• Communication is an activity of conveying information
through the exchange of thoughts, message or information as
speech, visual signals, writing or behavior.
• Communication is not dependent only on ‘words’ ……it can
also be through your ‘body language’ and ‘tonality’.
• Communication is an act by which one person gives or
receives information from another person.
• Scientific Communication spreads scientific information
among researchers, especially those outside your discipline.
The Communication Process
MOST COMMON WAYS
Visual Images Written Word
Body Language Spoken Word
FEATURES OF EFFECTIVE COMMUNICATION
• Active Listening
• Eye contact
• Simple language
• Questioning skills
BARRIERS TO COMMUNICATION
• Inappropriate medium
• Language differences
• Cultural differences
• Poor listening skills
• Use of jargon
TIPS TO BECOME A BETTER LISTENER
• Don’t talk – listen.
• Don’t jump to conclusions.
• Ask questions/paraphrase.
• Don’t get distracted by the environment.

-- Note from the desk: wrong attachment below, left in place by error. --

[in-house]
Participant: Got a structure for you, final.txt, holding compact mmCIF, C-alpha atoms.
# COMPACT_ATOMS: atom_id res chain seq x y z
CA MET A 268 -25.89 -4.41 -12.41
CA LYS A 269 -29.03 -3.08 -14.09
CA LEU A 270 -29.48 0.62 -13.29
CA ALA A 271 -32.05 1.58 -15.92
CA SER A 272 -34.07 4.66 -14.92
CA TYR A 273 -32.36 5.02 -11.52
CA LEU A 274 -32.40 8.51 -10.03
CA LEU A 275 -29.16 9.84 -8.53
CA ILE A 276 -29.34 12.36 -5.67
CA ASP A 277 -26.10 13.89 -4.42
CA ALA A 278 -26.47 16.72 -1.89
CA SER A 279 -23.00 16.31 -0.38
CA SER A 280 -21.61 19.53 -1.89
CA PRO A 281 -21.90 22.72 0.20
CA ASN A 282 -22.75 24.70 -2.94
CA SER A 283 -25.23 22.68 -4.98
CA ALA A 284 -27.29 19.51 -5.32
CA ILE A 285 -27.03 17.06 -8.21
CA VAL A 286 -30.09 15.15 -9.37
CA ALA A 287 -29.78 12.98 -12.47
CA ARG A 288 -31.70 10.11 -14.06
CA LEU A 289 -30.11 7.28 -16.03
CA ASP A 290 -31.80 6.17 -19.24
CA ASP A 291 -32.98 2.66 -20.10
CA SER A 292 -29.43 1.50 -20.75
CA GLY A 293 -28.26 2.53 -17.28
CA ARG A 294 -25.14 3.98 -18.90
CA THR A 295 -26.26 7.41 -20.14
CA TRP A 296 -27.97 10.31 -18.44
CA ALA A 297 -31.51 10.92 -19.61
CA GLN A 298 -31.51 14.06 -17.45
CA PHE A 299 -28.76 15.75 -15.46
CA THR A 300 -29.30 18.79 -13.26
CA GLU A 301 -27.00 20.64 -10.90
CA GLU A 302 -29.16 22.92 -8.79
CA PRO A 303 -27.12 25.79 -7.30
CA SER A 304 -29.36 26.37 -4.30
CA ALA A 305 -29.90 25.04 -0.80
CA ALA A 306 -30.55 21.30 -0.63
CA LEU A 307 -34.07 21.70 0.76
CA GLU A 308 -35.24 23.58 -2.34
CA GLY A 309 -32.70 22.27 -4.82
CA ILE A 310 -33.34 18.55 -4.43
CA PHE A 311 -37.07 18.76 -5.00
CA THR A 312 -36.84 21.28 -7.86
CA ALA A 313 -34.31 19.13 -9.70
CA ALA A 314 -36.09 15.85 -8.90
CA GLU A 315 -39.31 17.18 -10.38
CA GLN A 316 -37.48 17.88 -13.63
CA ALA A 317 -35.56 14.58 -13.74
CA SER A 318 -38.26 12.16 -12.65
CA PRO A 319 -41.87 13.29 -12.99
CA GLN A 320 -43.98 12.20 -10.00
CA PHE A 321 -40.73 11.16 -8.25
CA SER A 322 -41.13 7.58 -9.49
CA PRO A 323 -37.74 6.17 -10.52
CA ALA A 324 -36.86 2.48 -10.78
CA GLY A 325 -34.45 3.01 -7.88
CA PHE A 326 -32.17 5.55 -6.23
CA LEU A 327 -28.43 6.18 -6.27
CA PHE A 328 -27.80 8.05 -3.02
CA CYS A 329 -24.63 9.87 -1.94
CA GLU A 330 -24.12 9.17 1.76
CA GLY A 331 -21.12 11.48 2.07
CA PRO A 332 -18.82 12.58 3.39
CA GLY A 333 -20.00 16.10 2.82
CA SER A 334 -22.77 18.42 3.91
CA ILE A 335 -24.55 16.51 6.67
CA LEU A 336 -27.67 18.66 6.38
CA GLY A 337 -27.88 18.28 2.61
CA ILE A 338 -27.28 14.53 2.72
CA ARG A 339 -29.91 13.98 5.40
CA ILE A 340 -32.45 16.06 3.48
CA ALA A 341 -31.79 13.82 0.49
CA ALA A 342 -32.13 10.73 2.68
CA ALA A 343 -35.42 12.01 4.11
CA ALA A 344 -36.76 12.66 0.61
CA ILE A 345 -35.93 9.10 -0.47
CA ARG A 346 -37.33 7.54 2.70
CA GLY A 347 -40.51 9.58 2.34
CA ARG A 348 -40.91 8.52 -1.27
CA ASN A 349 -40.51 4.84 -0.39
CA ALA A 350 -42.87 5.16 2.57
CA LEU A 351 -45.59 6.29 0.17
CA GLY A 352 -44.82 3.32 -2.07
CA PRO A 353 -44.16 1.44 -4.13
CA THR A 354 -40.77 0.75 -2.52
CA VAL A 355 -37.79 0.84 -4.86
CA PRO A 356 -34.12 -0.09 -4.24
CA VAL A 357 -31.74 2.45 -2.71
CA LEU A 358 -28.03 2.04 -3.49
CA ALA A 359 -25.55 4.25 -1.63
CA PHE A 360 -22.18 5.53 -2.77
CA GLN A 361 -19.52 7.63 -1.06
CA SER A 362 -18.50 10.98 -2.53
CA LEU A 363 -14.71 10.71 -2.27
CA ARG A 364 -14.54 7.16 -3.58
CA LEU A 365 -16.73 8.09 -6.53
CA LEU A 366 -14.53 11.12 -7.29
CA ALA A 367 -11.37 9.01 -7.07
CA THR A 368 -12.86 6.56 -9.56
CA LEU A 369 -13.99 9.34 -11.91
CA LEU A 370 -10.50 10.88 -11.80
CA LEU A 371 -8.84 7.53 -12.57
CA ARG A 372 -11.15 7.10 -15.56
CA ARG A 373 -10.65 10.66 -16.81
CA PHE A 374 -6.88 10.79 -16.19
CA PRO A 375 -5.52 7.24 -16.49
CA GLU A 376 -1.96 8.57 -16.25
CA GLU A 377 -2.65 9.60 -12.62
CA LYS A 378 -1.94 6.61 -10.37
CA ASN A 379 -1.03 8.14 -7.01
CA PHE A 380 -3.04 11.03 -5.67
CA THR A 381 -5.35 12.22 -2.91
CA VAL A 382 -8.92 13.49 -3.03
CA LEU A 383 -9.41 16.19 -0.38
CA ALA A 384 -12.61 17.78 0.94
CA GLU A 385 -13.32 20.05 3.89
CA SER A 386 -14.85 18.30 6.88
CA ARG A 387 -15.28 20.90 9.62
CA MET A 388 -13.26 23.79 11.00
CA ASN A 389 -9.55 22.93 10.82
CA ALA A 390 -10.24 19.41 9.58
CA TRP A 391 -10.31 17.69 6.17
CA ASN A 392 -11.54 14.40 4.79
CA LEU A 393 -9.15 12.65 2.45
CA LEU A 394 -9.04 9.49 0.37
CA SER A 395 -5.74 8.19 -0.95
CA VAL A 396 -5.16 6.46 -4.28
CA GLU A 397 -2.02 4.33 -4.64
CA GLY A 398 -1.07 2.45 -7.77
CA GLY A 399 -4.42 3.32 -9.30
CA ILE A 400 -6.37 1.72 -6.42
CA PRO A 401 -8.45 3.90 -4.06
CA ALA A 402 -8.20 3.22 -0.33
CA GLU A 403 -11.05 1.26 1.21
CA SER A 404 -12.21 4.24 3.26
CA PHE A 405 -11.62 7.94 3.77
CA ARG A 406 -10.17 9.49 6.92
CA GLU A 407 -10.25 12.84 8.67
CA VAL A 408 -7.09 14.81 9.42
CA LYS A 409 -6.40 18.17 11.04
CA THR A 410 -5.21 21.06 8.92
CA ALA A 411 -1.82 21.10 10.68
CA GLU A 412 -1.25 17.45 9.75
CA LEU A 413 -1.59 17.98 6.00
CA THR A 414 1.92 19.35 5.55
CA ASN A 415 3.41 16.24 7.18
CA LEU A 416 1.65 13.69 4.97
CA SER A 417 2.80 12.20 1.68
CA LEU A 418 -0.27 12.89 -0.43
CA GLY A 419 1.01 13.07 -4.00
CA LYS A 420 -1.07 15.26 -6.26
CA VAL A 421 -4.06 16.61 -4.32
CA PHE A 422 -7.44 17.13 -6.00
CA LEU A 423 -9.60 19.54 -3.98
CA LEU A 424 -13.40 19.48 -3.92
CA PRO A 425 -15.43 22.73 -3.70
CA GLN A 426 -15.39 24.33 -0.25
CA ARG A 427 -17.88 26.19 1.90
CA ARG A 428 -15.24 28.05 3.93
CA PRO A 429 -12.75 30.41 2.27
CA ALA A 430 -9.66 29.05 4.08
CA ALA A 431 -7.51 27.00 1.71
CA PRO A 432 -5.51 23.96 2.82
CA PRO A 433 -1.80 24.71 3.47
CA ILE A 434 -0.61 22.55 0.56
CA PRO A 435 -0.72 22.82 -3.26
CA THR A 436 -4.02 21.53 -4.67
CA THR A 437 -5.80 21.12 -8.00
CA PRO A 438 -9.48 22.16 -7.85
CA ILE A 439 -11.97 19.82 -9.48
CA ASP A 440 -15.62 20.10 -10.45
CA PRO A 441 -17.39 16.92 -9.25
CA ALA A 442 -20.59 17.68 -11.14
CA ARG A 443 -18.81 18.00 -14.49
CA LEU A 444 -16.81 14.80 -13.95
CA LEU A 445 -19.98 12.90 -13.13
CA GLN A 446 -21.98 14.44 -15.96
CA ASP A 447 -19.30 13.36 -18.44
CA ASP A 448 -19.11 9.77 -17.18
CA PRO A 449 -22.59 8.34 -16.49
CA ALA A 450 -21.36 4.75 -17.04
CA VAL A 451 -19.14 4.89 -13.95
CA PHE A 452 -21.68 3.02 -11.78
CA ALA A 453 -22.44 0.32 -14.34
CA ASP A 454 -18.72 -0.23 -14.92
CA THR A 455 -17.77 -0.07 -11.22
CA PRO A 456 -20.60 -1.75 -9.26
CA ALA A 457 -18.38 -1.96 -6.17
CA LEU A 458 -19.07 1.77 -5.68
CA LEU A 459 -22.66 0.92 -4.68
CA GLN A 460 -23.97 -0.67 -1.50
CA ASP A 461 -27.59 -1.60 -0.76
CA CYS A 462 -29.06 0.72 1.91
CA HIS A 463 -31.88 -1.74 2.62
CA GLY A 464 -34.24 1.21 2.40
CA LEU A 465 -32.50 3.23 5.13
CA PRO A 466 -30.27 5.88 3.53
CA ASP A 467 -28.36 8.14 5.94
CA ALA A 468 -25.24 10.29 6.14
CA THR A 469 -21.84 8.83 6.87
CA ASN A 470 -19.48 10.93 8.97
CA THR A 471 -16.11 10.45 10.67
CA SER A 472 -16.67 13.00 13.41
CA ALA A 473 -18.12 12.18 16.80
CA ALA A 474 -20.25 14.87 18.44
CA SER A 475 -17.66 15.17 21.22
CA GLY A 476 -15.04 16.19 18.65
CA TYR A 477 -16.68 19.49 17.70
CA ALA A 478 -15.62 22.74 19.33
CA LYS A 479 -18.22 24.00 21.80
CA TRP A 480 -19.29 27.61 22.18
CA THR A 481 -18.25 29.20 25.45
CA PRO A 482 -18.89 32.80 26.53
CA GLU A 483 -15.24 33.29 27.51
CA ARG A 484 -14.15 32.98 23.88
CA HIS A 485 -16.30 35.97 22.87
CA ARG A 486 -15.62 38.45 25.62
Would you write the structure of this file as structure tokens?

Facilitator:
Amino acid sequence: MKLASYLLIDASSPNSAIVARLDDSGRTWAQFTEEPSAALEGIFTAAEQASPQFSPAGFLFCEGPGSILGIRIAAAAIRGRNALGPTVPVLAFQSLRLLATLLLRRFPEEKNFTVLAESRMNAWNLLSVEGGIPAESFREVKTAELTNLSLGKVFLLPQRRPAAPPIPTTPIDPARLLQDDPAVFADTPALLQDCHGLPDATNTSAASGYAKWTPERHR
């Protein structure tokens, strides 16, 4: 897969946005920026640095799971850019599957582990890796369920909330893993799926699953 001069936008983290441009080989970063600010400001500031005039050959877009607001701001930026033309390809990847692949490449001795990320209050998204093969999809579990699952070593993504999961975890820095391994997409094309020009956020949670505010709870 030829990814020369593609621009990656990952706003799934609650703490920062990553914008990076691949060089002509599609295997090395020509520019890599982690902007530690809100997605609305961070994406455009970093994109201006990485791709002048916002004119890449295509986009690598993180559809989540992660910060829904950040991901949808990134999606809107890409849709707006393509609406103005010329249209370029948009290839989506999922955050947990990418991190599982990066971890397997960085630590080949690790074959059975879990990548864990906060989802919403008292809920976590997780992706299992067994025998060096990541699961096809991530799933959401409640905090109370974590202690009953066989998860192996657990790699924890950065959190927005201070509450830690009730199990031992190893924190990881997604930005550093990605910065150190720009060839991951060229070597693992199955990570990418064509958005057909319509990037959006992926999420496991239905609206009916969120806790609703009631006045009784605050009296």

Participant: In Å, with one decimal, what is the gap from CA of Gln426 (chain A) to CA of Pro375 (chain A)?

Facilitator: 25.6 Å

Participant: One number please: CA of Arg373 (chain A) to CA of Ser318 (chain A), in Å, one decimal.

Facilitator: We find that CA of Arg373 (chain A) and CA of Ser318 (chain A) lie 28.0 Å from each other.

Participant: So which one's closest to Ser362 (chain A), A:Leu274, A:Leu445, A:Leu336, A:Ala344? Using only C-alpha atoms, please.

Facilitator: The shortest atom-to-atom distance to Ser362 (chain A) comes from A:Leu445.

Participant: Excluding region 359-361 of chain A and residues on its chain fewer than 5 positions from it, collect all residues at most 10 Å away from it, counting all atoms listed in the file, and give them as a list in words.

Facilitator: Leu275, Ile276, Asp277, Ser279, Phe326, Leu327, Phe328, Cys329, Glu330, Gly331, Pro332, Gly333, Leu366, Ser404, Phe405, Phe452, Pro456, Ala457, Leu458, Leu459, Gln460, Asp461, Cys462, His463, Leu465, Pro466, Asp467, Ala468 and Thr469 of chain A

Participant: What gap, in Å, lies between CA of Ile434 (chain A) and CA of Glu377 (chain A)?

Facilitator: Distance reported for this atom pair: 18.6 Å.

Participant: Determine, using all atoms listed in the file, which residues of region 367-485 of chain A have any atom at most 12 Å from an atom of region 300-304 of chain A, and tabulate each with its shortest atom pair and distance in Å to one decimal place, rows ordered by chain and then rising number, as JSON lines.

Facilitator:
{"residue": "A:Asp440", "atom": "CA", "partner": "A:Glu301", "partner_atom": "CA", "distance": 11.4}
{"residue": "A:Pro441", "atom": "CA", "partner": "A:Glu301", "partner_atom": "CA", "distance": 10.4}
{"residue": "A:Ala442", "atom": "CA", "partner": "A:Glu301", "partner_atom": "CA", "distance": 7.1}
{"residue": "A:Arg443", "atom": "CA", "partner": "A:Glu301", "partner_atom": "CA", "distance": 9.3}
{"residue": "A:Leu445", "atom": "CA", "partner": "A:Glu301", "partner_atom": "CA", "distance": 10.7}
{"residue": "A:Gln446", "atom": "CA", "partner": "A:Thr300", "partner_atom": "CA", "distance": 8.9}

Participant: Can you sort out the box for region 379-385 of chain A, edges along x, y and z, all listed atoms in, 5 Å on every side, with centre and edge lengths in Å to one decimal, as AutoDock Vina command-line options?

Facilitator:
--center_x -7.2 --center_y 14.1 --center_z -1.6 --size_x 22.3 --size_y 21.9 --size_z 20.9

• Keep an open mind.
• Be willing to listen to someone else’s point of view and
• Provide feedback.
• Take advantage of your brain power
IMPROVING BODY LANGUAGE - TIPS
• Keep appropriate distance
• Touch only when appropriate
• Take care of your appearance
• Be aware - people may give false cues
• Maintain eye contact
• Smile genuinely
IMPROVING VERBAL COMMUNICATION-TIPS
• Eliminate Noise
• Get Feedback – Verbal & Body Signals
• Speak Slowly & Rephrase your sentence
• Don’t Talk down to the other person
• Listen Carefully & Patiently
TALKING TO THE PUBLIC: GENERAL TIPS
• Know your audience. Tailor your presentation accordingly.
• Make sure your speech is miniature , memorable (vivid
language), and meaningful (to the audience).
• Use your “speech” as an outline for longer descriptions.
• Use lay terms (no jargon!).
• Point out the broader impacts of your research.
• Use clear, everyday analogies and gesticulate.
• Convey why your research is meaningful to you
• Be honest about how certain you are of your results, and
• Explain the basics of the scientific process.
• A respectful dialogue with the public is much more
effective in finding common ground than a more
traditional, instructional monologue. So listen!
MEETING WITH LEGISLATORS